School districts throughout Essex County have been deciding whether or not to implement a Veterans Tax Exemption law signed by Gov. Andrew Cuomo. The legislation allows school districts to offer the Alternative Veterans Exemption.
While expressing support for veterans, most school administrators have complained that not enough information was available on the impact it might have on their districts. Although some schools adopted the exemption by the March 1 deadline, most did not.
The Alternative Veterans Exemption allows school districts to provide a 15 percent reduction in assessed property value to veterans who served during wartime and another 10 percent reduction to veterans who served in combat zones and a larger break to disabled veterans. Previously, this tax break could only be offered by municipalities, but the law was changed in December.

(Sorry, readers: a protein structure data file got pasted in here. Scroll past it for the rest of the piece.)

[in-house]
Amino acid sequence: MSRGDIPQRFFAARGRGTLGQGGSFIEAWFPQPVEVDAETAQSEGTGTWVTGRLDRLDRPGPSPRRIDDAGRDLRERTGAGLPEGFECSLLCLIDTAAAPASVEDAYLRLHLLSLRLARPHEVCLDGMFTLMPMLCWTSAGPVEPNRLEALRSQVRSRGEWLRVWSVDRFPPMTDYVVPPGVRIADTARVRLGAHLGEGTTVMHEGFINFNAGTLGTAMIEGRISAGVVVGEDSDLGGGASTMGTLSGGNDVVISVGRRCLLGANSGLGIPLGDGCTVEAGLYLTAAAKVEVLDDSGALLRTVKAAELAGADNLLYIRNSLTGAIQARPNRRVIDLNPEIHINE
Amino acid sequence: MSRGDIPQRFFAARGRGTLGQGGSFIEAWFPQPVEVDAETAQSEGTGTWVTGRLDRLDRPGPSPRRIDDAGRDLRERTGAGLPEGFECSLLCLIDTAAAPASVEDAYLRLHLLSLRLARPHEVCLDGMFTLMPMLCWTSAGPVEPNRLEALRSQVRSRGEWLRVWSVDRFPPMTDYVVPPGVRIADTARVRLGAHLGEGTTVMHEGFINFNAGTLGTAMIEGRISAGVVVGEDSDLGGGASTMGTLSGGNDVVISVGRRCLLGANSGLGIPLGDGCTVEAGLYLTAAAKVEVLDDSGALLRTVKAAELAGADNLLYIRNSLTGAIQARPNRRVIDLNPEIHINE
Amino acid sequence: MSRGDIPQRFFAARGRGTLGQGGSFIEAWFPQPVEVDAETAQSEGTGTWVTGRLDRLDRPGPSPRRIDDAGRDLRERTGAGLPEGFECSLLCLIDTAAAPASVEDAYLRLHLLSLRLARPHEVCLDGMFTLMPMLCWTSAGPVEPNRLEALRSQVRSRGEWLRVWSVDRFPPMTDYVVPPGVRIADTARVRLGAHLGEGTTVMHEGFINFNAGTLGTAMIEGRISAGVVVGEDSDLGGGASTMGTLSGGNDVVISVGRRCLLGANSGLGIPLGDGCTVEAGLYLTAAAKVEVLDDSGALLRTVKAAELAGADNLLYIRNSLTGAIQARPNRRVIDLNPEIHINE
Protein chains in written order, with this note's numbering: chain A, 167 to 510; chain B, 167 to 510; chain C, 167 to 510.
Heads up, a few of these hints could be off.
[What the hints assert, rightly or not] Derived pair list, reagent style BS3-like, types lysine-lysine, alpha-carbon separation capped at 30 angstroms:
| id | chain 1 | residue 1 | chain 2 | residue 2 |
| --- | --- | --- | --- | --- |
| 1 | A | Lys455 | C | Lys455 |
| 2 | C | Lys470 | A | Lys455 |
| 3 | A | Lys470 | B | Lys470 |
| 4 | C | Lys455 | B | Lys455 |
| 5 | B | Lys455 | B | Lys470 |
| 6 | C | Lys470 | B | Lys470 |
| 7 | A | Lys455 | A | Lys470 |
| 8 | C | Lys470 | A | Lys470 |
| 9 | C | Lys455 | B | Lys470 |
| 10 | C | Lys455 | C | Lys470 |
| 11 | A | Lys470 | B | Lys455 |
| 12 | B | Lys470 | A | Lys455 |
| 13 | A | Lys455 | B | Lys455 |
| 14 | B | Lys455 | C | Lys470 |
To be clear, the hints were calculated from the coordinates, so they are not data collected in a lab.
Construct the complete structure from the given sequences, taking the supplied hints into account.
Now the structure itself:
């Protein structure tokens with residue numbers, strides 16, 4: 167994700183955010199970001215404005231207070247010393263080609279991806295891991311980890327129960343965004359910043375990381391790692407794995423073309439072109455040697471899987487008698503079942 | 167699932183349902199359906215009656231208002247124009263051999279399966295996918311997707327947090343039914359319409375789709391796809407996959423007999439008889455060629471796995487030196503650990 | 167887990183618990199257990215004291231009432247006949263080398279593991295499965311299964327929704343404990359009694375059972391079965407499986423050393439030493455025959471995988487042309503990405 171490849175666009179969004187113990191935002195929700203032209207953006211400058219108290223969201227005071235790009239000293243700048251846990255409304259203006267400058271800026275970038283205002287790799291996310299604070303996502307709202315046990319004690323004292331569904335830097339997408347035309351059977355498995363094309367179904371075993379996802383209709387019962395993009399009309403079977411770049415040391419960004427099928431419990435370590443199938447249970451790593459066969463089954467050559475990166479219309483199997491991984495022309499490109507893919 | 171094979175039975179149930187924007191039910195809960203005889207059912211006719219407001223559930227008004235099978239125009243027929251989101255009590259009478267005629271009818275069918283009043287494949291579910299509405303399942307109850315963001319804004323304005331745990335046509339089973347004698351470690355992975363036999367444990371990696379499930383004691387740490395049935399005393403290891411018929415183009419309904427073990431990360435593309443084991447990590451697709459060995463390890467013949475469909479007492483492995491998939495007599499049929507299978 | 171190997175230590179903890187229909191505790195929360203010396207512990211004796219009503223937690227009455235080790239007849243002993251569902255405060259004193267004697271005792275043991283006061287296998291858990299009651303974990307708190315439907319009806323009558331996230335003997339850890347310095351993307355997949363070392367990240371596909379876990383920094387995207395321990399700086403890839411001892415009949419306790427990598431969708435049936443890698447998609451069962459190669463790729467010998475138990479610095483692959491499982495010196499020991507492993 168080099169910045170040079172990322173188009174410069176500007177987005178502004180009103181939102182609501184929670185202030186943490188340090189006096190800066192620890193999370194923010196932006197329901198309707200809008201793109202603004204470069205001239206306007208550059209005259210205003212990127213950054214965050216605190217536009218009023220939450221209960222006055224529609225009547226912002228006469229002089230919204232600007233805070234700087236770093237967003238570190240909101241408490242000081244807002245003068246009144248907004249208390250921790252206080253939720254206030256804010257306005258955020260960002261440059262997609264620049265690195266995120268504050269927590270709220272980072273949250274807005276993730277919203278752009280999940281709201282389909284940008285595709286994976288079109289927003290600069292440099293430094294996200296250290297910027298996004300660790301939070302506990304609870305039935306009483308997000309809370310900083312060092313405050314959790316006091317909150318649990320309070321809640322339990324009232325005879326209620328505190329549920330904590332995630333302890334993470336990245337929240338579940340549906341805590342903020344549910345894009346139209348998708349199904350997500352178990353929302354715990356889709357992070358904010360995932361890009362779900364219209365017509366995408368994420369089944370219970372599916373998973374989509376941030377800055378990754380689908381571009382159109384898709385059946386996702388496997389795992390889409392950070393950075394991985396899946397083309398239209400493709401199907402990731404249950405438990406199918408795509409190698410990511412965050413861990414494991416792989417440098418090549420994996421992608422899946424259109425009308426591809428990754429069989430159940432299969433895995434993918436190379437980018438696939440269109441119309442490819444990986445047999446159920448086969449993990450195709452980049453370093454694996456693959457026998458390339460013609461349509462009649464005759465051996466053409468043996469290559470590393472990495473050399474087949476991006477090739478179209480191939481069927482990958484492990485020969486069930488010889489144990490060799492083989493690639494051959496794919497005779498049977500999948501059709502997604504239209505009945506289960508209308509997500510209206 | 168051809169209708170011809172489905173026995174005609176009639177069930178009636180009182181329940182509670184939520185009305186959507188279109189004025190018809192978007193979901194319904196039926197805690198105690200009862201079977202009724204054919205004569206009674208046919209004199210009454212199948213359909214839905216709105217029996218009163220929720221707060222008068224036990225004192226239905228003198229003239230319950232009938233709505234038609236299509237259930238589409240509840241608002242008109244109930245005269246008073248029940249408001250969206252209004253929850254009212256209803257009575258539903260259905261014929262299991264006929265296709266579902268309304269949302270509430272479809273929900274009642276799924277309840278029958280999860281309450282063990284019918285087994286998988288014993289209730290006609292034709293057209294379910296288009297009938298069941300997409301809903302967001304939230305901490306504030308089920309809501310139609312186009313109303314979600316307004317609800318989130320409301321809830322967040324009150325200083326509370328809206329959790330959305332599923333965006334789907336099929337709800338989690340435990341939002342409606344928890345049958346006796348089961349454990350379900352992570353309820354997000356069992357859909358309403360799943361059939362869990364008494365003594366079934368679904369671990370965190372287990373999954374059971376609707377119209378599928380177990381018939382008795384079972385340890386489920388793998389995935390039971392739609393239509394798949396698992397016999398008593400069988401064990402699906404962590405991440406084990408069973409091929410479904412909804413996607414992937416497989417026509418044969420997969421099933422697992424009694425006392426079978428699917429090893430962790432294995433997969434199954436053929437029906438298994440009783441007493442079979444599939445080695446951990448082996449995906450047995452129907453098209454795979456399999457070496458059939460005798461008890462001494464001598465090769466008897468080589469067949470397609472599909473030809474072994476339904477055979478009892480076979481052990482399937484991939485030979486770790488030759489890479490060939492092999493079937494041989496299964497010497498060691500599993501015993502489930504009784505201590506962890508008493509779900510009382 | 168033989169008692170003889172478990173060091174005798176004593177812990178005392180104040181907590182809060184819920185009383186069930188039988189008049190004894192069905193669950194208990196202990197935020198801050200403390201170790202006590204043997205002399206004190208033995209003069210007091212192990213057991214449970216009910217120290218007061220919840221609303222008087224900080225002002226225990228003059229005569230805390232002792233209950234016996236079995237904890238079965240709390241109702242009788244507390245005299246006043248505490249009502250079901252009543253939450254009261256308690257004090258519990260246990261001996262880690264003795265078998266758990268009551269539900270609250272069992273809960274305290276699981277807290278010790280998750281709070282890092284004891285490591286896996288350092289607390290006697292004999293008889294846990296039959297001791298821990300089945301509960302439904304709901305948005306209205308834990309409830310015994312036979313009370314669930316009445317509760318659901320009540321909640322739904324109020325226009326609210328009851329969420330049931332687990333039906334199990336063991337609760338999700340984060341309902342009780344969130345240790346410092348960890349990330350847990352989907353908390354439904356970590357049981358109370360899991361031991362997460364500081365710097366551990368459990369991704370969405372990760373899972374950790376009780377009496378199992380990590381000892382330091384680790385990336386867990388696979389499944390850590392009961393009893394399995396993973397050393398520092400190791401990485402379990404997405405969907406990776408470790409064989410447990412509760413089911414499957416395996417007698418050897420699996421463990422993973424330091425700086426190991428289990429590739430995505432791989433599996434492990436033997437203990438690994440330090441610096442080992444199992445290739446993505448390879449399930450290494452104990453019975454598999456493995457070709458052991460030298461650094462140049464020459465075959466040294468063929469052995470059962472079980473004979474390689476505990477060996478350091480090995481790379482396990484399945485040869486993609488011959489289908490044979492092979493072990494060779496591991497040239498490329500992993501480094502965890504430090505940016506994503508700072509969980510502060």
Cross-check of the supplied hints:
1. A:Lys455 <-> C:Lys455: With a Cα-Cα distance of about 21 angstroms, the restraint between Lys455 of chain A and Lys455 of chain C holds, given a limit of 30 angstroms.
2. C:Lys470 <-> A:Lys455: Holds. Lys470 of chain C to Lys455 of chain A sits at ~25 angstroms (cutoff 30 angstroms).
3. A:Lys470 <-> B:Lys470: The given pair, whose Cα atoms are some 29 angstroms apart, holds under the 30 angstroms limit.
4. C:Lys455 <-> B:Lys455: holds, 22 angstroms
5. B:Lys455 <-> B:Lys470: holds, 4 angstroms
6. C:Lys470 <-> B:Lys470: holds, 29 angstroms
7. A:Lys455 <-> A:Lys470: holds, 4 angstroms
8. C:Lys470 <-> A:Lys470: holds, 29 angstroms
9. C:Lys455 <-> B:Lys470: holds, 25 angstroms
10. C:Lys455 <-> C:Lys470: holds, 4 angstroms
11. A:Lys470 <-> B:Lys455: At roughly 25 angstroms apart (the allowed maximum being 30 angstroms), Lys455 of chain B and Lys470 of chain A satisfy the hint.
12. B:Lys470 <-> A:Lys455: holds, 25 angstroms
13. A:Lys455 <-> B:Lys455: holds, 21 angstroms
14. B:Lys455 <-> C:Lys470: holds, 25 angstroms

Implementing a tax exemption causes a redistribution of taxes among taxpayers, or a tax shift. Exemptions do not affect the total amount of money a district needs to raise – the tax levy. Therefore, if a town’s assessed value decreases due to exemptions, then other taxpayers would need to pay more to make up the difference.
School districts had to hold a public hearing prior to adopting this exemption. Once the hearing took place, the veterans exemption could be adopted by resolution of the board of education or no action taken. If the board wished to increase or decrease the New York State exemption limits ($12,000, $8,000, $40,000), it needed a second public hearing.